It all started with this lovely leak in our kitchen ceiling.
We called our insurance company and got an estimate for fixing and painting the ceiling, and fixing and replacing the old, cracked, mildewed, leaking shower floor above it.
That was simple enough, but then it was like we plunged headfirst into the "If You Give a Mouse a Cookie" book and couldn't get out of it. If you aren't familiar Laura Numeroff's books, one thing leads to another which leads to another which leads to another and so on. The progression makes for charming children's books; however, when adapted to home renovations, it gradually leads to bankruptcy.
When choosing new bathroom flooring, we couldn't help but think, "we should really get rid of all that dreadfully boring white tile in the shower at the same time...
and go for frameless shower glass too.
If we were having someone come in to do all that tile work anyway, it was a perfect time to get rid of the hanging shower caddy, right?
Sure, the insurance payment wasn't going to cover a dime of (not one, but two) custom built-in shower shelves, but you know... since it was all ripped apart anyway, it only made sense.
I never did like that white tile floor with the little black accent squares. And who was the genius who thought white grout was a good idea?
If somebody was going to be working on laying tile anyway, then obviously it was time to get rid of all the builder's grade white tile and replace it with travertine. Obvs.
Insurance was going to cover the cost of replacing the tile around the edge of the tub.
But you know... those big soaker tubs have always looked so inviting. Apparently, if you give a mouse a cookie, she's going to want a new bathtub to relax in while she eats it.
We initially planned on keeping the existing cabinets, countertop, mirrors, and lighting. The white would still go with all the new tile, and of all the things I have hated about this bathroom since we moved in, the light fixture was never one of those things.
So much for best laid plans. If you're going to spring for travertine floors, you gotta get the travertine counters to match, right?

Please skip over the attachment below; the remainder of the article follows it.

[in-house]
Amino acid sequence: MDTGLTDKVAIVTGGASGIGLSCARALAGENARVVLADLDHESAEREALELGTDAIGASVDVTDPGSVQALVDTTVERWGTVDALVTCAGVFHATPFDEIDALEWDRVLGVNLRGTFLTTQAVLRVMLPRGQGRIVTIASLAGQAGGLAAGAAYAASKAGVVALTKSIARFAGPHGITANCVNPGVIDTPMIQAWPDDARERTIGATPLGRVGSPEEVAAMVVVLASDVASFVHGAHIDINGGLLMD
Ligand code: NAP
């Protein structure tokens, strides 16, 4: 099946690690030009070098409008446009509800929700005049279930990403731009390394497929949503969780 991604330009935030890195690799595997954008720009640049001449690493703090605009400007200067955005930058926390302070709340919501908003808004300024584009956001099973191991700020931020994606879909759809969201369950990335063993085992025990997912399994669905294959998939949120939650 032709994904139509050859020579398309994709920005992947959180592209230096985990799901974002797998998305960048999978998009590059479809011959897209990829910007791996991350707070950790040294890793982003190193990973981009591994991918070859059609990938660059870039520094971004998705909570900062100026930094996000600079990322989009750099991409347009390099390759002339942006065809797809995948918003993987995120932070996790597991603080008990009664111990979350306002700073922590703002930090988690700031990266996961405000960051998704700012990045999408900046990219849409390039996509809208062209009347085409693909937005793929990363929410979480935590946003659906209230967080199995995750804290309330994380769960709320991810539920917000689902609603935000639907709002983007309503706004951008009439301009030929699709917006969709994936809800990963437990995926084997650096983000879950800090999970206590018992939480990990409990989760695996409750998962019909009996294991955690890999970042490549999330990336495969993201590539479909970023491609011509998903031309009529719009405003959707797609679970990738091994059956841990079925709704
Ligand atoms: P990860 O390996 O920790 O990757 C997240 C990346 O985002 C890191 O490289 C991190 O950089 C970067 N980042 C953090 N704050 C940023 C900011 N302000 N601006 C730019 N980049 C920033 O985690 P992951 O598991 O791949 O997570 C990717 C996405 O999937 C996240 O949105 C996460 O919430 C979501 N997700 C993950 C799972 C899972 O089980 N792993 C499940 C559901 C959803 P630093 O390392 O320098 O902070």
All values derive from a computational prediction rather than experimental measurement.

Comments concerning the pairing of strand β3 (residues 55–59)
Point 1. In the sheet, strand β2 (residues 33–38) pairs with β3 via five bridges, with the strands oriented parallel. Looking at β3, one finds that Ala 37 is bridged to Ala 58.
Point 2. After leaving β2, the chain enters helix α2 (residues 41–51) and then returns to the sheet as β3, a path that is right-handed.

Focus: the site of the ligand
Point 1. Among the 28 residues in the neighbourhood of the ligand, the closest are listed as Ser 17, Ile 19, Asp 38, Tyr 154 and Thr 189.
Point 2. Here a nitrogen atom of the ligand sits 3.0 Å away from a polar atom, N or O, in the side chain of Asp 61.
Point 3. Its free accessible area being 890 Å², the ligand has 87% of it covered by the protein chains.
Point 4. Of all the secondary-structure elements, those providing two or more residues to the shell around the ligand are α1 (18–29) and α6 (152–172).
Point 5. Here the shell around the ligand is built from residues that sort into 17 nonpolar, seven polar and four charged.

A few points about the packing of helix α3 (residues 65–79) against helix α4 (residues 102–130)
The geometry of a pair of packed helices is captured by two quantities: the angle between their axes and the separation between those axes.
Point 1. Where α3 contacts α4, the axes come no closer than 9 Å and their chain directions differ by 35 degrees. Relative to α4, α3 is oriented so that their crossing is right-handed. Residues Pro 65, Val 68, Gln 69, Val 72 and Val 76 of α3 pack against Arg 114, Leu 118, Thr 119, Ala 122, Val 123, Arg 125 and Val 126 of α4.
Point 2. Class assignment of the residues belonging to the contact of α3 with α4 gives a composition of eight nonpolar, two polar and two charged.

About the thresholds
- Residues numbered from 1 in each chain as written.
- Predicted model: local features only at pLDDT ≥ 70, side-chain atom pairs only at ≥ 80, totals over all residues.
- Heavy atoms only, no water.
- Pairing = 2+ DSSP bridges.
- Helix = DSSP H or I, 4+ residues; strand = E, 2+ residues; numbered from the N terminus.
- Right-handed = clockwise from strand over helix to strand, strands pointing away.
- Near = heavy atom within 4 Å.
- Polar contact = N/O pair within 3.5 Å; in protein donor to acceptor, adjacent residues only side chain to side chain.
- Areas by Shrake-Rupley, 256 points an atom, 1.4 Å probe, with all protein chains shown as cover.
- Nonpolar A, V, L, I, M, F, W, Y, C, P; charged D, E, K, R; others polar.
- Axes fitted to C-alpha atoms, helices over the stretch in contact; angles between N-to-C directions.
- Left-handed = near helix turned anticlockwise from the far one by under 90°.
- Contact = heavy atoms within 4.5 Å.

And if your contractor is going to the trouble to build new cabinet drawer and door fronts (we did actually keep the existing cabinetry), then why continue to use the purchased-from-Target-20-years-ago medicine cabinet?
If you give a pig a pancake, he's going to have the contractor build a brand new medicine cabinet to hold his syrup.
Oh, and since the toilet had to be lifted up to replace the tile...
Then clearly, it needed to be replaced with a stronger flushing one with nice flat sides that don't collect dust.
So, it all started with a little insurance money to fix a leak in the shower floor, and it ended with a completely renovated master bathroom, a very modestly updated kids' bathroom, most of the upstairs painted, both stairwells painted, a new closet built in the office, new walls built in the playroom, new lighting in the playroom, and the entire downstairs ceiling painted. I think our poor contractor thought we were going to make him move in.
I have to say though, I'm very pleased with the transformation. From the sterile grey paint with the white tile, white tub, white counter, white floors, white sinks, white cabinets, white trim, and that horrendous white grout...
to our own little warm, inviting spa-like retreat.
Now we just have to figure out how to convince the insurance company that the little leak in the kitchen necessitated work being done all over the house. That shouldn't be too hard. Surely they have read "If You Give a Moose a Muffin", right?